EPA chief and Rep. DeLauro here to address Raymark

The administrator of the U.S. Environmental Protection Agency, Gina McCarthy, met with Stratford’s U.S. Congresswoman Rosa DeLauro, Mayor John Harkins, other officials and Stratford residents at town hall on Oct. 14 and talked about “how to more forward” dealing with Raymark issues in Stratford, according to DeLauro.

“We’re at the table more pumped than ever,” McCarthy told The Star after the meeting. Before being appointed to EPA in 2009 by President Barack Obama McCarthy was Commissioner of Connecticut’s Department of Environmental Protection.

DeLauro said later in the day about McCarthy, “She gets it.”

“We need input,” DeLauro said. Today’s meeting was about getting federal, local and community people together to talk about “how to deal with the community’s needs and concerns.”

Getting the top officials at one table was “productive,” according to DeLauro and Mayor Harkins’ Chief of Staff Marc Dillon.

Councilman Matt Catalano, who also was present, said it was “a positive meeting.” He said that, for McCarthy, Raymark in Stratford is “unfinished business.”

“She seemed eager to talk about a comprehensive plan” for Raymark clean-up, Catalano said. “That’s what we’ve been asking for. She’s not interested in piecemeal”

According to Catalano, McCarthy said she wants to meet again on Raymark “before Thanksgiving.”

Catalano said that he believes that having the top federal official in Stratford talking about Raymark will influence regional EPA and state environmental officials to work harder for progress.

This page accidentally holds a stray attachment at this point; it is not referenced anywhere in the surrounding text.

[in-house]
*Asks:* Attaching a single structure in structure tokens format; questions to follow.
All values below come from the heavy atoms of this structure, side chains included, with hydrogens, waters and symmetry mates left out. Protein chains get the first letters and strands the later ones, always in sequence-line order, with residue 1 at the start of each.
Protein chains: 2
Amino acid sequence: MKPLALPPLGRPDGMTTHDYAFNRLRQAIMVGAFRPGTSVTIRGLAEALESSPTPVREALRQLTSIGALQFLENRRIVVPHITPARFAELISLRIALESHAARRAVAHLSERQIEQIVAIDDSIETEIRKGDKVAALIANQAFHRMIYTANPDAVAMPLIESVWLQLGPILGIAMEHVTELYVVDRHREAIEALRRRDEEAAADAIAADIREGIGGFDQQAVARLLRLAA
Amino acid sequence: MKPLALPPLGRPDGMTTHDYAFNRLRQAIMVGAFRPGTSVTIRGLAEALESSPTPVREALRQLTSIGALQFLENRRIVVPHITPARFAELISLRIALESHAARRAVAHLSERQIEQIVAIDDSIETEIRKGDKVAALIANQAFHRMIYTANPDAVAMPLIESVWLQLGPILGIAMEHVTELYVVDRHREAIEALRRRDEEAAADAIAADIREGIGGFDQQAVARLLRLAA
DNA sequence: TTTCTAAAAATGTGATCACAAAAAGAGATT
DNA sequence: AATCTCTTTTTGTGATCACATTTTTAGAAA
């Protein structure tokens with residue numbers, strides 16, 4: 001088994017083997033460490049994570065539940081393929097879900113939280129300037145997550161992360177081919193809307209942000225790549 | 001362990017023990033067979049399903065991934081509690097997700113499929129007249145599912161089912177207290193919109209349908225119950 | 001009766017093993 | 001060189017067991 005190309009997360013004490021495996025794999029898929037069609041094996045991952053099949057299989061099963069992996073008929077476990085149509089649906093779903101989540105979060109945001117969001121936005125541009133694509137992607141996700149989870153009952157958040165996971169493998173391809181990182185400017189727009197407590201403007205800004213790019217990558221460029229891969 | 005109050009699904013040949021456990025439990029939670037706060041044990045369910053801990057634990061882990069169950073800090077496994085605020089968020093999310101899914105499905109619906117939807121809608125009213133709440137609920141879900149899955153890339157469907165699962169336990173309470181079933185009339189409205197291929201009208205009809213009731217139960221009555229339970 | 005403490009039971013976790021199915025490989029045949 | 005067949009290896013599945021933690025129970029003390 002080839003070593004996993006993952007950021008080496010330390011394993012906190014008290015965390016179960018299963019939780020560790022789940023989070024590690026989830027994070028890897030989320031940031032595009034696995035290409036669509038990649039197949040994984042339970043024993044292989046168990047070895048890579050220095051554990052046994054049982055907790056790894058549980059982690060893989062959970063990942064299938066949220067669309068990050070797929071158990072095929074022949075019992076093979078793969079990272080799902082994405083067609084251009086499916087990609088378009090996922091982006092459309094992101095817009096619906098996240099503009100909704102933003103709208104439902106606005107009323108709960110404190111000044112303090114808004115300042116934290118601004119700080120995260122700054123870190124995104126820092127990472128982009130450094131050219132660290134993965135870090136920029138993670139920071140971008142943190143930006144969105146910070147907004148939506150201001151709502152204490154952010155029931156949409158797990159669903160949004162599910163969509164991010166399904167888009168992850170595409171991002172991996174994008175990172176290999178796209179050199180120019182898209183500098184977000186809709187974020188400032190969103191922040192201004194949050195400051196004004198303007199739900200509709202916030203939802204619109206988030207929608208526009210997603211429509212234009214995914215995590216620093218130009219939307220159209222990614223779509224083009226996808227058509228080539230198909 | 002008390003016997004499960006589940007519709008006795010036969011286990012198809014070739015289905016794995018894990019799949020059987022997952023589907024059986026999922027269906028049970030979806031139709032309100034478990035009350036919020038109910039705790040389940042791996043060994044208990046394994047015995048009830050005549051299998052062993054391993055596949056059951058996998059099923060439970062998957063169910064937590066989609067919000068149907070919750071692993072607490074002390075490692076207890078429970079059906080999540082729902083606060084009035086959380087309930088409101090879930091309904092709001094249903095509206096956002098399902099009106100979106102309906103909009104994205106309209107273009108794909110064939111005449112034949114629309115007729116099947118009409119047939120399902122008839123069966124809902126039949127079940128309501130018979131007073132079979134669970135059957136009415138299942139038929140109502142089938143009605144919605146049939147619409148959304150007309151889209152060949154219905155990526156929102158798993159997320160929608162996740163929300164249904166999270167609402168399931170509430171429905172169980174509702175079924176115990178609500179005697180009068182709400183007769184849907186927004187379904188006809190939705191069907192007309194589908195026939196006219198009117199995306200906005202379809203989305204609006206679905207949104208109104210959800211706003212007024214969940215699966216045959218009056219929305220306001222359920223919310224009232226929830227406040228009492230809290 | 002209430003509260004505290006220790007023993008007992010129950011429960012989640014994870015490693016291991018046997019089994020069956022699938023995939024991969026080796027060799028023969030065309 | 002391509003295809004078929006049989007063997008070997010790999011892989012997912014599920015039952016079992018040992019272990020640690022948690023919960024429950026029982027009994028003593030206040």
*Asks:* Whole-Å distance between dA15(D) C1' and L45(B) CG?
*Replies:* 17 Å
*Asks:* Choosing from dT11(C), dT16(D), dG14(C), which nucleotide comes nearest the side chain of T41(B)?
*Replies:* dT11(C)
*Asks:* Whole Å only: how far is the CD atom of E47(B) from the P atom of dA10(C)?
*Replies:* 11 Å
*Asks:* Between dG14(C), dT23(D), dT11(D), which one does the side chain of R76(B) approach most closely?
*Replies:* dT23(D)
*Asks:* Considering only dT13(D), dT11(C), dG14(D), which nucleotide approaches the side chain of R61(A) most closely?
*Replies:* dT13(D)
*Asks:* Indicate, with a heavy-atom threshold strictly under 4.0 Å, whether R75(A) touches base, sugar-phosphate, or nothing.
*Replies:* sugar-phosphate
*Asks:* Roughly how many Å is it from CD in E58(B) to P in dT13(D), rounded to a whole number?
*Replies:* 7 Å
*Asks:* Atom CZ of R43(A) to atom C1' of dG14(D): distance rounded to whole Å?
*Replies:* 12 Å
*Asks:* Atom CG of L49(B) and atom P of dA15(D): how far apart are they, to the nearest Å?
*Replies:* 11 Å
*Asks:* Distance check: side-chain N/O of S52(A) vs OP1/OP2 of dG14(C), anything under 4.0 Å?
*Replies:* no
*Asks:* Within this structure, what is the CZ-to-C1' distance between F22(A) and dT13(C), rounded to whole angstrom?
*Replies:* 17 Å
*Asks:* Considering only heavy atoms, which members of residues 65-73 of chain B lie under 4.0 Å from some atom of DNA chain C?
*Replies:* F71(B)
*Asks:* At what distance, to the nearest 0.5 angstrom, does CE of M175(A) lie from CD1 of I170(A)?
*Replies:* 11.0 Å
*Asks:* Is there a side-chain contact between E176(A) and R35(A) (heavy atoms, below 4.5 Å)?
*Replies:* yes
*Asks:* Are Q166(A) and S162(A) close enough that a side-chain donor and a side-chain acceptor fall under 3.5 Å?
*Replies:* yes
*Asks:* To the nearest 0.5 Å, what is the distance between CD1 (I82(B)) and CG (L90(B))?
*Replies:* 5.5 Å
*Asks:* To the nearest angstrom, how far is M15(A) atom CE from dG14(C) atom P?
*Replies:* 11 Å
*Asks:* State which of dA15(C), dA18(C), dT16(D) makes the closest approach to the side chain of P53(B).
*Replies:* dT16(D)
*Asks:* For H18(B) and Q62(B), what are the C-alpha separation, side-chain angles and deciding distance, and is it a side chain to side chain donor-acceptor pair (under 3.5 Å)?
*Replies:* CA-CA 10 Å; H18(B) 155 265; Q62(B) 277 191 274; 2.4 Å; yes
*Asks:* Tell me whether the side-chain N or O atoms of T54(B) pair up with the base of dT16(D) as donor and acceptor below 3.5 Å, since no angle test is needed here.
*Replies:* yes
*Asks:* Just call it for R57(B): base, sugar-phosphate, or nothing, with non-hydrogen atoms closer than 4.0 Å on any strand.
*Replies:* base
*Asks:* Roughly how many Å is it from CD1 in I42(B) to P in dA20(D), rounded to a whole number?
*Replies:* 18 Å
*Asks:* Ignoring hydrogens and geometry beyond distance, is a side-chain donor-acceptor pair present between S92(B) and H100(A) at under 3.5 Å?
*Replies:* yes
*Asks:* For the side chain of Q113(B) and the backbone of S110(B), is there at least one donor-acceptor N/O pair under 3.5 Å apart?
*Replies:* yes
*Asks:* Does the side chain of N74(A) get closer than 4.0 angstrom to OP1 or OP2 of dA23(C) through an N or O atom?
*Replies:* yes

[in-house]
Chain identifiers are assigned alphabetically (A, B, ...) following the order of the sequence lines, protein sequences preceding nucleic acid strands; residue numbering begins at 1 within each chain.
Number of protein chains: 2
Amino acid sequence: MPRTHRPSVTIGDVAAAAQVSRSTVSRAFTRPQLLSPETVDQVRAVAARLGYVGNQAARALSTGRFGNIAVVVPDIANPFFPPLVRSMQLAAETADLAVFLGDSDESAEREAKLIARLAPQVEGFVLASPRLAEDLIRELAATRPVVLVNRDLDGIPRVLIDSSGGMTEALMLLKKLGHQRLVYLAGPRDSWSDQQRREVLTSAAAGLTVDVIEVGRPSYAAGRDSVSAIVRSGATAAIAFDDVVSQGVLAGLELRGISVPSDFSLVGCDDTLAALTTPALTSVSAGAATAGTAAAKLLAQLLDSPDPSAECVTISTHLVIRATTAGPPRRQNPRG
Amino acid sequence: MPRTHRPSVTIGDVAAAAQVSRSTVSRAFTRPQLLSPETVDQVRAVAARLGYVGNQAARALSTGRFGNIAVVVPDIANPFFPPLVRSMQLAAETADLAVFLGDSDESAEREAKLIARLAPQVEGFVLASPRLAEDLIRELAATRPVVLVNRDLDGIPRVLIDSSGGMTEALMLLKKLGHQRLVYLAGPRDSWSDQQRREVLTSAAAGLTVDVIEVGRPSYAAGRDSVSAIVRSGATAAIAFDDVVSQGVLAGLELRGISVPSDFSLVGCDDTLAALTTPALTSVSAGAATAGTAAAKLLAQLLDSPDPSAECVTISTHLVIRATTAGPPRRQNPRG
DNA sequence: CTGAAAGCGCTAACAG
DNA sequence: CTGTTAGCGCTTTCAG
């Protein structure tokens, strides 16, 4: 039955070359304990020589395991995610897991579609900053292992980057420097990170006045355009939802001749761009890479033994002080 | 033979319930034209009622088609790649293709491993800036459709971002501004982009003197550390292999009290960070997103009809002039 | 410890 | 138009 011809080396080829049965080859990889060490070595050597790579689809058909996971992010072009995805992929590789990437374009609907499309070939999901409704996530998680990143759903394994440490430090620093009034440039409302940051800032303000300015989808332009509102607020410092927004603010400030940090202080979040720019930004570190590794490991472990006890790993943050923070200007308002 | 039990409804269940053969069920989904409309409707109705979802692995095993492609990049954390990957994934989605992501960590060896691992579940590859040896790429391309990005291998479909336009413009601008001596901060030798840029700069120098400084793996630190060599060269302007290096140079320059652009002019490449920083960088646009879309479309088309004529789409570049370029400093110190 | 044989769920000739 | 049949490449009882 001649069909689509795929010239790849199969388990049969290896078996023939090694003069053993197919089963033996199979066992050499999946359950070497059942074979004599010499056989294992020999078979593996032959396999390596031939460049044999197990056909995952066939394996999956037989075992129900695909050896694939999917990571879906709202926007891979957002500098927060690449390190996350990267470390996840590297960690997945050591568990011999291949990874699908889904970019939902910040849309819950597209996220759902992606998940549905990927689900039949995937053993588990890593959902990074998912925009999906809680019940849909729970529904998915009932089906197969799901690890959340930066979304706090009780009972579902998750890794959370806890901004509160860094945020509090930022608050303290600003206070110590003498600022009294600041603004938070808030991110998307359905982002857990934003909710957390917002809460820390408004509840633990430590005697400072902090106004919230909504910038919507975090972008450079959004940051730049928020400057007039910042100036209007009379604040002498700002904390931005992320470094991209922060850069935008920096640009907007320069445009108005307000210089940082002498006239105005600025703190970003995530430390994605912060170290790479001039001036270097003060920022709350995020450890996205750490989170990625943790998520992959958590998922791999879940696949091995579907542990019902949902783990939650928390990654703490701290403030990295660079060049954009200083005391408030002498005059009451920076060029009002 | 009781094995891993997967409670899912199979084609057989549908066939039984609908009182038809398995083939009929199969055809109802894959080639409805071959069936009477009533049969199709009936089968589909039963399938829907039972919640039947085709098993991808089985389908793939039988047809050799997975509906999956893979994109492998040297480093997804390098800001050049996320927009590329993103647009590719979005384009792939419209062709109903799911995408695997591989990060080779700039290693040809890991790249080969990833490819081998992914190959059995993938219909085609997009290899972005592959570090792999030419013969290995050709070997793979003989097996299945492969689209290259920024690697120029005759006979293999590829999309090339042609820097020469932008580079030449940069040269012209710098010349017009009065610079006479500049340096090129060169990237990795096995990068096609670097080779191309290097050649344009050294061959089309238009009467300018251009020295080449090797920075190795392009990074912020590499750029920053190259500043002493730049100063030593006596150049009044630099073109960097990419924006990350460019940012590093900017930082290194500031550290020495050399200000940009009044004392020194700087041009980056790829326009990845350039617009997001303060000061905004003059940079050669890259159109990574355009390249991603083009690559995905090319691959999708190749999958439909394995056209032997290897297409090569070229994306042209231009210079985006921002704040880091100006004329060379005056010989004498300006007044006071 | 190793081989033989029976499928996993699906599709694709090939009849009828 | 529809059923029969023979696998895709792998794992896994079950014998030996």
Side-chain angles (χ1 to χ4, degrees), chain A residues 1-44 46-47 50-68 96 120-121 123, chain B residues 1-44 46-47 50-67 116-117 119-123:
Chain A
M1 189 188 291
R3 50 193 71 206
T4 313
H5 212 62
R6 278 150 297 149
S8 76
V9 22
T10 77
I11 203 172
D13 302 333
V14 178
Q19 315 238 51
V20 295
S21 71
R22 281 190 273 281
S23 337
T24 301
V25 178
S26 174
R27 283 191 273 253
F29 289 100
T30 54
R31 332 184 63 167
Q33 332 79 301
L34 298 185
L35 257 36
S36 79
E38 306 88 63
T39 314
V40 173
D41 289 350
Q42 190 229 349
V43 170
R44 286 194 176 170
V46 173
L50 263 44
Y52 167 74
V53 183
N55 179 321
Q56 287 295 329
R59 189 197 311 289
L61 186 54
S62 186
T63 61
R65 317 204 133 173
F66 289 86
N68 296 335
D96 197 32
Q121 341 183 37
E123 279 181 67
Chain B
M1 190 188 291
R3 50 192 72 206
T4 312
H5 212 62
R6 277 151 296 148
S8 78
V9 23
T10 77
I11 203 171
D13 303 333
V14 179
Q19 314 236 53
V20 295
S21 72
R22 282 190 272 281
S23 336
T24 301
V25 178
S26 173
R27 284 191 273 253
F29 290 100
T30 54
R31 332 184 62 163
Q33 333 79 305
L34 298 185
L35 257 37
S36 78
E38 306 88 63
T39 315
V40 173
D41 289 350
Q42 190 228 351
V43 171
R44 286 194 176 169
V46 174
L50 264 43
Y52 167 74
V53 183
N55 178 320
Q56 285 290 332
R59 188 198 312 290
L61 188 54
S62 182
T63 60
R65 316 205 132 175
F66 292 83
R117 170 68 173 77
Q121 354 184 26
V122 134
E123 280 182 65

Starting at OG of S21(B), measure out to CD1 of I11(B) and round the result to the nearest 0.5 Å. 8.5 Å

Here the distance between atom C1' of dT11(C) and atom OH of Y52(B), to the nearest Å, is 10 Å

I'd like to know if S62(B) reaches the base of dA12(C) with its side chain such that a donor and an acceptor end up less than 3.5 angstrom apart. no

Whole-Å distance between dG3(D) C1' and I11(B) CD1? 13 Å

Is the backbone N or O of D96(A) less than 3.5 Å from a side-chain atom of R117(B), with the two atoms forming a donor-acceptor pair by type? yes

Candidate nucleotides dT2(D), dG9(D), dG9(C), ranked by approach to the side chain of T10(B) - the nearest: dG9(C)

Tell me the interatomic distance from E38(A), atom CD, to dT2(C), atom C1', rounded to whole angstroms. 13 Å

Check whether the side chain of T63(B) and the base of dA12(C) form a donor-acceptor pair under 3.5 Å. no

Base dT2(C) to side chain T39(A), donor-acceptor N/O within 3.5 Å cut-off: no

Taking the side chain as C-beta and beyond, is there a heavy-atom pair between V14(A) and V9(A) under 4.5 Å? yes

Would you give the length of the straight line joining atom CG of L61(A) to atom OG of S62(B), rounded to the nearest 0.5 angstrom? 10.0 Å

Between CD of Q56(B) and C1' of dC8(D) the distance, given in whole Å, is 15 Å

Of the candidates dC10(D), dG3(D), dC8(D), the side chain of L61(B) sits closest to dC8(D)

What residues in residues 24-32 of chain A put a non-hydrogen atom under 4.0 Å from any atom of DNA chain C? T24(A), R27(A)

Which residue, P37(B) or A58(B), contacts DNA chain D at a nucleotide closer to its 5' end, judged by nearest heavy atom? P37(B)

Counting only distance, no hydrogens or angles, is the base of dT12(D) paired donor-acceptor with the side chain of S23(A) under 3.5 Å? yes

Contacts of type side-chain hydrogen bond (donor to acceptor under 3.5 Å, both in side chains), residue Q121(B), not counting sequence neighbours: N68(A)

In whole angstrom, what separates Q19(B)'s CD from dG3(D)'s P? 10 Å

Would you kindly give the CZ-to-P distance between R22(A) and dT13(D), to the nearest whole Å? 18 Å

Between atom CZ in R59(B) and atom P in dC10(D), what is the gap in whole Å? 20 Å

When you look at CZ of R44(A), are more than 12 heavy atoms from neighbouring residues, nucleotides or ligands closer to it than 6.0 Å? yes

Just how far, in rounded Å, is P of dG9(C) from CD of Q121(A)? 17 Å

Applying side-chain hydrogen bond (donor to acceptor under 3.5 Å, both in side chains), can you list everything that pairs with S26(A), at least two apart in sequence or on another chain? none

Also at the table with McCarthy, DeLauro and Harkins were EPA Regional Administrator Curt Spaulding, Connecticut Department of Energy and Environmental Protection Commissioner Robert Klee, Stratford residents Paul Rohaly of Raymark Advisory Council, Tom Nichols and Tom Smith of SaveStratford, and representatives from other town departments including health and economic development.

Each key representative was given a chance to speak, Catalano said.

According to Dillon, “All the stakeholders (are) cautiously optimistic about making real progress on Raymark in the not-so-distant future.”

“I was pleased by the today’s productive conversation,” DeLauro said. “Throughout my time in Congress I have worked with the community to ensure they have a voice in the remediation plan’s development. Today they had a chance to speak with one of the top decision-makers in this process. The EPA knows the urgency of this situation and wants to get the job done. I look forward to all of us working together on a comprehensive plan that balances environmental standards with Stratford’s needs.”

Harkins said: “Over the last several months, I’ve been actively seeking to get Raymark cleanup on the radar of the upper echelon at the EPA. I would like to thank EPA Administrator Gina McCarthy for her visit to Stratford, and Rep. Rosa DeLauro for facilitating this unprecedented visit. I look forward to a solution-oriented discussion with all of the stakeholders regarding Raymark cleanup in the coming months.”

EPA Administrator Gina McCarthy, right, with Congresswoman Rosa DeLauro on Oct. 14 after meeting with Stratford officials and residents. Greg Reilly photo.

EPA Administrator Gina McCarthy, right, with Congresswoman Rosa DeLauro on Oct. 14 after meeting with Stratford officials and residents. Greg Reilly photo.

U.S. EPA Administrator Gina McCarthy, left, at the table in town hall on Oct 14 with Mayor John Harkins and Congresswoman Rosa DeLauro, and others talking about Raymark cleanup in Stratford. Contributed photo.

U.S. EPA Administrator Gina McCarthy, left, at the table in town hall on Oct 14 with Mayor John Harkins and Congresswoman Rosa DeLauro, and others talking about Raymark cleanup in Stratford. Contributed photo.

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